An analogy to demonstrate the shoddy ‘scholarship’ that this claim entails

In this passage context is crucially important. An analogy which demonstrates this would be to suggest that Richard Dawkins preaches the Christian gospel! Yes, he says so on page 252 of the God Delusion, ‘‘God incarnated himself as a man, Jesus, in order that he should be tortured and executed in atonement for the hereditary sin of Adam….Jesus has been worshipped as the redeemer of all our sins’

Dawkins is saying that Jesus is the redeemer of our sins!

Yet, we know that Dawkins doesn’t really preach the Christian Gospel and any sensible reading of the context would yield an alternative reading. However to take these sentences out of context and claim the contrary would do violation to Dawkins’ intention. And this is exactly what the atheists above have done. They have twisted a passage where Jesus says  that the one who beats his slaves will be judged, to say that Jesus sanctions the beating of slaves!!

Therefore to reiterate and conclude, this parable gives no imperative nor justification for beating slaves, it speaks about the final judgement where Jesus will punish those who mistreat (and beat) other believers and ignore the message. It says exactly the opposite of what is insinuated.

From → Bible, Jesus, Slavery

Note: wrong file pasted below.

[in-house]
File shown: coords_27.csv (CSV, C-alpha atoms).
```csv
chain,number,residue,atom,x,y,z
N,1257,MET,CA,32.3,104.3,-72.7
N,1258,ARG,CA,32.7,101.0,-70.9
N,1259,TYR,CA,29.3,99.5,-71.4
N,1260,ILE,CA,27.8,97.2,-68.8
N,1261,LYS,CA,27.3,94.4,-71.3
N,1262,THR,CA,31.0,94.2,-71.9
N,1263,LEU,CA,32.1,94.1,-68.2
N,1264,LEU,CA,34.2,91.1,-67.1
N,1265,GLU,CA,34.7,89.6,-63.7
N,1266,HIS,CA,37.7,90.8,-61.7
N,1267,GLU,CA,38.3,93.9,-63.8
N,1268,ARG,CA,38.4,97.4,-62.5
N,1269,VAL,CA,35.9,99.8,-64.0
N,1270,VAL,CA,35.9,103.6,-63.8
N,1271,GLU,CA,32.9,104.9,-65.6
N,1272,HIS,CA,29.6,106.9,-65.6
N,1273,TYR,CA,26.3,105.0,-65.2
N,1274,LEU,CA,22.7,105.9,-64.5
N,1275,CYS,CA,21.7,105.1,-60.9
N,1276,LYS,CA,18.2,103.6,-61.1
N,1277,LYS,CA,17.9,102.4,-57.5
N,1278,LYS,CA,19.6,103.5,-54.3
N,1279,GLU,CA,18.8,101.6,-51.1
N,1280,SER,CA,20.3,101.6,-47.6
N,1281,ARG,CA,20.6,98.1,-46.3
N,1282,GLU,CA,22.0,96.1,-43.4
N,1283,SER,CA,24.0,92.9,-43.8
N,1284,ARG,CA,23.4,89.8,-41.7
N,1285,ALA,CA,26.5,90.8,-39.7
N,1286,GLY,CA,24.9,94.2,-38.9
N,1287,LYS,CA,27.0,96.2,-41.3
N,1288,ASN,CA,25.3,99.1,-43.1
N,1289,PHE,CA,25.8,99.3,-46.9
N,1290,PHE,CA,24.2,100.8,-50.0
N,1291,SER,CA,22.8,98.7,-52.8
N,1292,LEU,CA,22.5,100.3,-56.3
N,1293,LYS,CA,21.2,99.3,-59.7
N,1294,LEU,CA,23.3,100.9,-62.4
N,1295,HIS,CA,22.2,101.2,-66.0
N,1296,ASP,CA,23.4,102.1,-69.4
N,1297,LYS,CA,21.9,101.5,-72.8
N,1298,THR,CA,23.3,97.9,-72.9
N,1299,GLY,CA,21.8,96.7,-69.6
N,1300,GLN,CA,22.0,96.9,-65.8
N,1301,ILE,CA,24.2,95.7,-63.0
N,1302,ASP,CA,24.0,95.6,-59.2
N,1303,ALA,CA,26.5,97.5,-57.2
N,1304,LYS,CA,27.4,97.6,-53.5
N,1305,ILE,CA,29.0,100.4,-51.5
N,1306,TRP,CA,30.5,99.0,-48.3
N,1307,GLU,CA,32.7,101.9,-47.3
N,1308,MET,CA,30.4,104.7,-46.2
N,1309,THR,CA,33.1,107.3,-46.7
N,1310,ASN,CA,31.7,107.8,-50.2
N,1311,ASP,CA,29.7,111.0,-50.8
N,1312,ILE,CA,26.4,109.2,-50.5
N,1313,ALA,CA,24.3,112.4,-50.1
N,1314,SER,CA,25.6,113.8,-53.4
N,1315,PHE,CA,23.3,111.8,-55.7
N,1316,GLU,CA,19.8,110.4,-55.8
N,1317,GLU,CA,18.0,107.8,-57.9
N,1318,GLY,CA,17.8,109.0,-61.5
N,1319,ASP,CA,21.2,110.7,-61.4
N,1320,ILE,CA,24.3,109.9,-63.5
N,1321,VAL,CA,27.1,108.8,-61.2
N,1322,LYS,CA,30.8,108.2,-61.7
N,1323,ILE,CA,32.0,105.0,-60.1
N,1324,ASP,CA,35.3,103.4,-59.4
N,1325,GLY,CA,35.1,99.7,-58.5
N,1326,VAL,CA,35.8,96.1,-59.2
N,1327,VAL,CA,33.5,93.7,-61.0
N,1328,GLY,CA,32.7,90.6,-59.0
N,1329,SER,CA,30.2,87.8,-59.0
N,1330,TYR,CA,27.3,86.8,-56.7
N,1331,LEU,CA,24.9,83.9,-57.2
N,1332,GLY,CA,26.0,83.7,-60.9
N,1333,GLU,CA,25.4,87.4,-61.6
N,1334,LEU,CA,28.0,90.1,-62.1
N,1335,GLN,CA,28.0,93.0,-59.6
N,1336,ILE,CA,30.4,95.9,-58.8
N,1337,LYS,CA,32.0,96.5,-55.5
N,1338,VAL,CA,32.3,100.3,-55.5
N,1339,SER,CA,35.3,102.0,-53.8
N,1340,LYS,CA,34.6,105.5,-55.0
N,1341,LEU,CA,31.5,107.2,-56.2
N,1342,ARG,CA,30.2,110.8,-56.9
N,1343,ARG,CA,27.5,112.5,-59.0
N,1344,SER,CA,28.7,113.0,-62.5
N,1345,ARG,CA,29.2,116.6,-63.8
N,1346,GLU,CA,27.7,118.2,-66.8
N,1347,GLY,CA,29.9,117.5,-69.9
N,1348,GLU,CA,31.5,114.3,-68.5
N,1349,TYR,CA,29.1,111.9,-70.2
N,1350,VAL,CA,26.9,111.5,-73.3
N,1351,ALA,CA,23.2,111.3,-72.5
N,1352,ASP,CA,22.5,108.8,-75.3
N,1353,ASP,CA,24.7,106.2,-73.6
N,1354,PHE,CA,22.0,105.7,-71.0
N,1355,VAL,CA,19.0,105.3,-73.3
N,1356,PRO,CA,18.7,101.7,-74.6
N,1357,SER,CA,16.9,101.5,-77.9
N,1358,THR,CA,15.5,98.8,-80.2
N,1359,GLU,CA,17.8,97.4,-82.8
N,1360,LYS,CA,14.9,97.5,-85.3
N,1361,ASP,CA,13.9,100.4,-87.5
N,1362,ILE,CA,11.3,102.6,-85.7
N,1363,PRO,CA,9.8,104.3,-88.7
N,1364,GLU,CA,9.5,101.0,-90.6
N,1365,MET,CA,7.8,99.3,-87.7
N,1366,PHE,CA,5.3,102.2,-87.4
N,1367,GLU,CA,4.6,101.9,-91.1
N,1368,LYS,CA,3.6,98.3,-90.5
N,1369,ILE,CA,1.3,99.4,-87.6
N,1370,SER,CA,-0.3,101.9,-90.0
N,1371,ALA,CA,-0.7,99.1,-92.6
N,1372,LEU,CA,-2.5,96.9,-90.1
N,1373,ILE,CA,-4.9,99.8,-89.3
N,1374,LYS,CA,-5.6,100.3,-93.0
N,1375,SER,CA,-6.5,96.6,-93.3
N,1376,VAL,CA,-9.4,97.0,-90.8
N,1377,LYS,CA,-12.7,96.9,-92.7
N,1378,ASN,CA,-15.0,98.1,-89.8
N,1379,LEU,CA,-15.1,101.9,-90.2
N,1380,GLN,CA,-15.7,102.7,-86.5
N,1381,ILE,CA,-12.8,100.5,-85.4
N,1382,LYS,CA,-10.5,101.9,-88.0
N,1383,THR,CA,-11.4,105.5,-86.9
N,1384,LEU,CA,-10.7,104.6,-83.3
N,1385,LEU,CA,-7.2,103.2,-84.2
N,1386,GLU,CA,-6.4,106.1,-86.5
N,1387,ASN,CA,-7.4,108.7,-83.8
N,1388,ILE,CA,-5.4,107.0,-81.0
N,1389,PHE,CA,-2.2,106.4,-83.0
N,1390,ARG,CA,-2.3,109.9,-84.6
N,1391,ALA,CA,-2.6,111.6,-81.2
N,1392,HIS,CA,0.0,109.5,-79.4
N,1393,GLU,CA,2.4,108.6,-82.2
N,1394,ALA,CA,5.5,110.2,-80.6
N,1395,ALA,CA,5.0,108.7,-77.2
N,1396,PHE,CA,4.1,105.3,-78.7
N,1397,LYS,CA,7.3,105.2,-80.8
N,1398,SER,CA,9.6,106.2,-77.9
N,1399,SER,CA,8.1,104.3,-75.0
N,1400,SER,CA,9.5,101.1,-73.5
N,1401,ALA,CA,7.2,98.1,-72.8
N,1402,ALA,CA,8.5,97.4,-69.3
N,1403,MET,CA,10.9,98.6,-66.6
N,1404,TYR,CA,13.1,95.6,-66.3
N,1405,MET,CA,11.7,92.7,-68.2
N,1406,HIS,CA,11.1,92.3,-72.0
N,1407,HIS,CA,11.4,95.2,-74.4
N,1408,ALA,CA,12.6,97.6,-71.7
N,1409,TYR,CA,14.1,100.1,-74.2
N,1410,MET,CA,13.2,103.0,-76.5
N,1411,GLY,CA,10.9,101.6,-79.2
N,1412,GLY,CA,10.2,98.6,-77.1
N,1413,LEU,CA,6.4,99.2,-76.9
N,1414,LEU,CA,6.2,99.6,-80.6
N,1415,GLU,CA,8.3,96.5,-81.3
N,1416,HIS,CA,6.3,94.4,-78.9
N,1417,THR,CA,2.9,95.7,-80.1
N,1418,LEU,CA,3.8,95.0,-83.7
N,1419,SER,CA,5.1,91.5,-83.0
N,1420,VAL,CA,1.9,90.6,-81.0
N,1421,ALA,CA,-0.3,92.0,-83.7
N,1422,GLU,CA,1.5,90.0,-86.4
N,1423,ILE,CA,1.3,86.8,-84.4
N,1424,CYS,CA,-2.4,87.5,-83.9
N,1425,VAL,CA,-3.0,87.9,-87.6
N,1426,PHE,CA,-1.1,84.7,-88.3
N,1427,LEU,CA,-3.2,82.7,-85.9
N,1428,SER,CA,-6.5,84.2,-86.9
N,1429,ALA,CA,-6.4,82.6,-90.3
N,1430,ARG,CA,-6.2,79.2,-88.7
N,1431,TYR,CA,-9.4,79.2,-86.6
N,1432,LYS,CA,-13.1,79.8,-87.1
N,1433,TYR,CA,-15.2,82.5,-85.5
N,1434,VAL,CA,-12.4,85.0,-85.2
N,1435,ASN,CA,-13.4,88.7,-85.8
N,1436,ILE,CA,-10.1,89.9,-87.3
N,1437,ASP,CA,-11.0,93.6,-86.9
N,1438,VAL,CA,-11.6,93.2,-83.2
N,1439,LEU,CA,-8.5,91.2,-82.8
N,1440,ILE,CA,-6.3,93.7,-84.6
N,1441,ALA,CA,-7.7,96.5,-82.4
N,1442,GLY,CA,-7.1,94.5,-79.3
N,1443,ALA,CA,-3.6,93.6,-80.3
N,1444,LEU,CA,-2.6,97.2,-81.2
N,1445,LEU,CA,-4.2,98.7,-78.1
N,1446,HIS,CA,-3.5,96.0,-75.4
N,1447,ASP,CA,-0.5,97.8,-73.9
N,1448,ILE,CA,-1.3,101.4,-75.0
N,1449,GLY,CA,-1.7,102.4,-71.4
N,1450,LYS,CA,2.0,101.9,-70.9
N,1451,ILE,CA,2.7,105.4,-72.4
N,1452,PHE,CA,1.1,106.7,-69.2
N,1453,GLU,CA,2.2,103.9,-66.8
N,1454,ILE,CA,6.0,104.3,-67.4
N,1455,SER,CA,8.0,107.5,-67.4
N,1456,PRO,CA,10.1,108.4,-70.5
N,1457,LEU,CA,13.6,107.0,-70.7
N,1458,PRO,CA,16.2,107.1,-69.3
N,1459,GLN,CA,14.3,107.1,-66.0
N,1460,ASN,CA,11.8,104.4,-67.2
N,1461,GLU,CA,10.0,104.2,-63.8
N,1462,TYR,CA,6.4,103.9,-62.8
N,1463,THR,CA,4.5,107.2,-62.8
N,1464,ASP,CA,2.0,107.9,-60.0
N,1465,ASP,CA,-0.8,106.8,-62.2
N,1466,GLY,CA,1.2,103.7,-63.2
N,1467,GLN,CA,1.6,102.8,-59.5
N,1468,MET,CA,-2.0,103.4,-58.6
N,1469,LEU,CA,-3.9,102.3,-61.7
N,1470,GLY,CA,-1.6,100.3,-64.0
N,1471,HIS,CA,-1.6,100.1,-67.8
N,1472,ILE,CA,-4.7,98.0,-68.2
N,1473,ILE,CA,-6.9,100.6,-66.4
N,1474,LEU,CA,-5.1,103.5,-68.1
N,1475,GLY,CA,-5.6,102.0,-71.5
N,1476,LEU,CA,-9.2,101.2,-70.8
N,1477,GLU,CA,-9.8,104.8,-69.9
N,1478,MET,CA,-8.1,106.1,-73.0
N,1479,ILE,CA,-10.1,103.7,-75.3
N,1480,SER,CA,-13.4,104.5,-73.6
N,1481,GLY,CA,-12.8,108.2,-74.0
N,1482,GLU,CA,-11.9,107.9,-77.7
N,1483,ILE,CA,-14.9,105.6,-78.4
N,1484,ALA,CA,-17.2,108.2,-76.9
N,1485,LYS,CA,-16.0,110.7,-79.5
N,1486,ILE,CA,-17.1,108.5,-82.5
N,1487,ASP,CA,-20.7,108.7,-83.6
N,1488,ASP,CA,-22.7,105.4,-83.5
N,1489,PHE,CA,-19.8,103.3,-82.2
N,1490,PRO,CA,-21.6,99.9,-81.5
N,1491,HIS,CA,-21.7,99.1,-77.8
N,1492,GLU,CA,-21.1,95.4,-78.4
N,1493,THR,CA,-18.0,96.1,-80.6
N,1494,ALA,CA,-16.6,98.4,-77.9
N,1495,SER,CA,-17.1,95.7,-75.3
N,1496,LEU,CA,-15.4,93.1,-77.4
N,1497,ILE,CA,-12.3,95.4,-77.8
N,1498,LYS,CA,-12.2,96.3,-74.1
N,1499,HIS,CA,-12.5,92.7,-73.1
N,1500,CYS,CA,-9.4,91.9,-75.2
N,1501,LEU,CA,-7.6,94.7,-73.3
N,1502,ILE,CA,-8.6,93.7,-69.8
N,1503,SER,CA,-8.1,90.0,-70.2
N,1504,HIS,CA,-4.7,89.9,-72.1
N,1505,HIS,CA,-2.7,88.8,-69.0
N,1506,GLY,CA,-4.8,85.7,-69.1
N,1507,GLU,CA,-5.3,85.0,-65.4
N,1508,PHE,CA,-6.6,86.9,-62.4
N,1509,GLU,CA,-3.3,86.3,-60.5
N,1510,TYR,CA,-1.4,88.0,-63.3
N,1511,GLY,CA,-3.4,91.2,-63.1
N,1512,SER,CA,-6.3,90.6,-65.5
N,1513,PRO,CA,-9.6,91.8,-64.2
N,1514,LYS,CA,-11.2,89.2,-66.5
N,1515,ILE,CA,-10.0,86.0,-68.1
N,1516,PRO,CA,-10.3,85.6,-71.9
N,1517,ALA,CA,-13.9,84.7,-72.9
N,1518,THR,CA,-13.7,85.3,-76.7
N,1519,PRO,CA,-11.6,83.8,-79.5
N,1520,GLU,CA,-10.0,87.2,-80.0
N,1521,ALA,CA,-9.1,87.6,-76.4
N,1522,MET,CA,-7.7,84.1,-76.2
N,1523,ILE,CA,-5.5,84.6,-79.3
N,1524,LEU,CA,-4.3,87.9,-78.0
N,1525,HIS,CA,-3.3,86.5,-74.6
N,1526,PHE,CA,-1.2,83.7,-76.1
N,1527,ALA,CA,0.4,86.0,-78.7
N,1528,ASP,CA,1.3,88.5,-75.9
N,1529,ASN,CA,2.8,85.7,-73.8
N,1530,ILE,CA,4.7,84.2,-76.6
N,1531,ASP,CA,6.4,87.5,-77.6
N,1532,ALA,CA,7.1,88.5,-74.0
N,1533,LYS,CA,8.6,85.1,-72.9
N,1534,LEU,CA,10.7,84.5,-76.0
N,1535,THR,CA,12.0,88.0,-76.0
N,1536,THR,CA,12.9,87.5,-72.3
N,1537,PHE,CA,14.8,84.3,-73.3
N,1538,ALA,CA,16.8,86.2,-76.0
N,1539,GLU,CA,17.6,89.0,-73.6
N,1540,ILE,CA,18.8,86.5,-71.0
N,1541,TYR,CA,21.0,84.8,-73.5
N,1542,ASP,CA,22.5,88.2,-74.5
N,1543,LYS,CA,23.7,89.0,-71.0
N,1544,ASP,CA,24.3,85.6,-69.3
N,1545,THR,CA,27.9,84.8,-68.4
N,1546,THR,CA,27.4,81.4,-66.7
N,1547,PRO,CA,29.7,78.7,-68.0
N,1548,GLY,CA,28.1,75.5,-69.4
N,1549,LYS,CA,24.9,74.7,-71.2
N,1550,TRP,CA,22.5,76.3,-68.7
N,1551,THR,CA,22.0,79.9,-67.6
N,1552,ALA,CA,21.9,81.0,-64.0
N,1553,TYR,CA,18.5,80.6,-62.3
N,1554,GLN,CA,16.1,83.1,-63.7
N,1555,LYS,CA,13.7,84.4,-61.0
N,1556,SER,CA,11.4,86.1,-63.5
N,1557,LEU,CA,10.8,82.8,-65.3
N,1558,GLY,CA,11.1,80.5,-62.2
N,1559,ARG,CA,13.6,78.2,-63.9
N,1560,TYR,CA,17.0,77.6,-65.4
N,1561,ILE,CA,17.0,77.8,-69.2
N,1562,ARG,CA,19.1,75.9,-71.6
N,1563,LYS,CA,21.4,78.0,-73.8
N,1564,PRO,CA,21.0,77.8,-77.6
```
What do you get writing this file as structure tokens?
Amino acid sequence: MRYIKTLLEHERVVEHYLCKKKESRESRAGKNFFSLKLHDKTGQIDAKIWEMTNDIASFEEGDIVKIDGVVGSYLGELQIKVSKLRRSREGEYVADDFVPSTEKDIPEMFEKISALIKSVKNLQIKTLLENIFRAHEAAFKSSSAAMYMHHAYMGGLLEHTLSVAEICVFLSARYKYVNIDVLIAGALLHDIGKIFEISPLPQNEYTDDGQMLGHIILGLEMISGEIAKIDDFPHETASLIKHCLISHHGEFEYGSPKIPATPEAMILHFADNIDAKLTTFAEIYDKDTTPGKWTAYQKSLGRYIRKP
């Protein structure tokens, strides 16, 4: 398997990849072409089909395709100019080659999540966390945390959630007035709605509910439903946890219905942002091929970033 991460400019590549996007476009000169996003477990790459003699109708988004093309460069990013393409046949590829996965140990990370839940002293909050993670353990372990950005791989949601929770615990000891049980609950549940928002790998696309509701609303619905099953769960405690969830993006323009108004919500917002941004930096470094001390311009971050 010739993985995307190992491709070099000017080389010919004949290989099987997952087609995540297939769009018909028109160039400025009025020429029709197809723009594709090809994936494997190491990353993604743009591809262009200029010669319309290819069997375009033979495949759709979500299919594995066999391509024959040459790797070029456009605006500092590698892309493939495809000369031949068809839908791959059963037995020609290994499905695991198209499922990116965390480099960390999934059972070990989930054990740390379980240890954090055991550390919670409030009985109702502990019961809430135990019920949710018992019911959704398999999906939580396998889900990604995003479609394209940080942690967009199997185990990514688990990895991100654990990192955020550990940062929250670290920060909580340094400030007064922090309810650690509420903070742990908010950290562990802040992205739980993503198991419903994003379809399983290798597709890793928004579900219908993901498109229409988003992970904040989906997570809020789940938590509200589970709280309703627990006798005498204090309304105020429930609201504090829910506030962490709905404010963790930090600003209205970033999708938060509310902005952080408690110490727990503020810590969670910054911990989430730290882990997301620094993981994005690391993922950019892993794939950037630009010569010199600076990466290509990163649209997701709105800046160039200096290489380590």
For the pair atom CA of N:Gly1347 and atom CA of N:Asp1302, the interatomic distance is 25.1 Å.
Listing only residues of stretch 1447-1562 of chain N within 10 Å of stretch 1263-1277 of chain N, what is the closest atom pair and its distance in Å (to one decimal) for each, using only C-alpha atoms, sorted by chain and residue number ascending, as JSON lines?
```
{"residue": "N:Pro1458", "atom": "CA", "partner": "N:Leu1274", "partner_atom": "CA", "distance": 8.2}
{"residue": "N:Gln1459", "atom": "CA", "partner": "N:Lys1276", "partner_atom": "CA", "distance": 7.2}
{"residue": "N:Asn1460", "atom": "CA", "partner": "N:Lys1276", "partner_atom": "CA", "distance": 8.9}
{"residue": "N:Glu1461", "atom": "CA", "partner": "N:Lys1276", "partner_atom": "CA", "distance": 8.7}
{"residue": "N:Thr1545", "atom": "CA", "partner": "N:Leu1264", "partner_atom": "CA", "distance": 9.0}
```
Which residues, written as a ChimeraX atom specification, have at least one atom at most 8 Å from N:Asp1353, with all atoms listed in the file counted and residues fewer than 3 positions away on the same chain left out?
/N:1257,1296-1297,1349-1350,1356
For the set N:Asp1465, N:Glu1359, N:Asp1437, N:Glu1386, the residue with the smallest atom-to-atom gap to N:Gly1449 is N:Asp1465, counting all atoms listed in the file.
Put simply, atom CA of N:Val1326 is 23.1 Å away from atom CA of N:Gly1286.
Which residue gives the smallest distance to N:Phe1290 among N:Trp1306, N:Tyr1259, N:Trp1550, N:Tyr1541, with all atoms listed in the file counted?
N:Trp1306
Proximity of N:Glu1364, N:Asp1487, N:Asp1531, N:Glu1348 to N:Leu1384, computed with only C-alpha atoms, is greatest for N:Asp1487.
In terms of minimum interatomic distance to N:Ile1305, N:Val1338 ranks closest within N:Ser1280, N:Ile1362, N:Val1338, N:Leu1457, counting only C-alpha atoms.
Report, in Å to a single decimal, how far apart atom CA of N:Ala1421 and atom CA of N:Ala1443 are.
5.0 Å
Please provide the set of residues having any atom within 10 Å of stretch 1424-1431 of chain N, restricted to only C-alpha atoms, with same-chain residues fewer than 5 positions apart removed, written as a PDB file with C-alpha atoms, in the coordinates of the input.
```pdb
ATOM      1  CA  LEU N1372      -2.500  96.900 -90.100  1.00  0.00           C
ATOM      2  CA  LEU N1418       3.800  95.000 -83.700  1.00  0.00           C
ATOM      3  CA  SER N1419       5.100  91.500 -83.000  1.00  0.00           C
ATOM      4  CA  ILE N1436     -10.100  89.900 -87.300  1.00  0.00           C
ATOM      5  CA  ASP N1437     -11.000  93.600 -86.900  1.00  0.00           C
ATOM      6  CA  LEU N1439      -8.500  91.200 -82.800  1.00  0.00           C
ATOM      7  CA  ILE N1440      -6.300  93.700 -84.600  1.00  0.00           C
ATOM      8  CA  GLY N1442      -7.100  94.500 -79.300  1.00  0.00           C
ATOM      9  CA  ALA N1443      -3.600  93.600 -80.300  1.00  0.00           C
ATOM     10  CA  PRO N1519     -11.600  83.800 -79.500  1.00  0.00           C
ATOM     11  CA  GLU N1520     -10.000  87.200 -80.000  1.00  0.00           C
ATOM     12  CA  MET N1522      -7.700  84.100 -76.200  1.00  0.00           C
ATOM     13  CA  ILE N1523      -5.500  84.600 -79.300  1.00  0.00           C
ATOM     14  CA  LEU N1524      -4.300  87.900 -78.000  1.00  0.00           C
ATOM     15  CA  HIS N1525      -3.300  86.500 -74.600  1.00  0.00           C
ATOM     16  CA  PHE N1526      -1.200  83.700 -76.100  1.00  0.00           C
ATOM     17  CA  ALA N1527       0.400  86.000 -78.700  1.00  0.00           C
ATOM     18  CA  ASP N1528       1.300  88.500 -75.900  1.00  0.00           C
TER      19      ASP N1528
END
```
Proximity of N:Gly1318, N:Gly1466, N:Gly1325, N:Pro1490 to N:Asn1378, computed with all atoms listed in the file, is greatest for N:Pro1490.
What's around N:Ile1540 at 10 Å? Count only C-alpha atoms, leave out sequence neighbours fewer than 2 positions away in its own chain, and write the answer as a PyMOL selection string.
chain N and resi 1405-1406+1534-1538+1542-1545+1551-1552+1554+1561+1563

1. Rob,

    The first thing you to understand about this passage is that the word you have translated as “servant” is the Greek word “doulos” which generally agreed to mean “slave”. Let me say at once that I do not speak Greek but I think you will find almost universal agreement that “slave” not “servant” is the most accurate translation of the word.

    So what you have here is a slave who was left in charge of his master’s property. That property included other slaves. Then the slave-overseer got a bit above himself in his role and started behaving as if he were the owner rather than merely the steward of the property. He got drunk and beat his fellow slaves, which was reprehensible, not because it was cruel to the other slaves, but because he was drinking the master’s and damaging the master’s human property. Beating his fellow slaves is put on a par with eating and drinking to excess. Jesus no more saw the beatings as an offence against the slaves than he saw the eating and drinking as an offence against the food and alcohol consumed.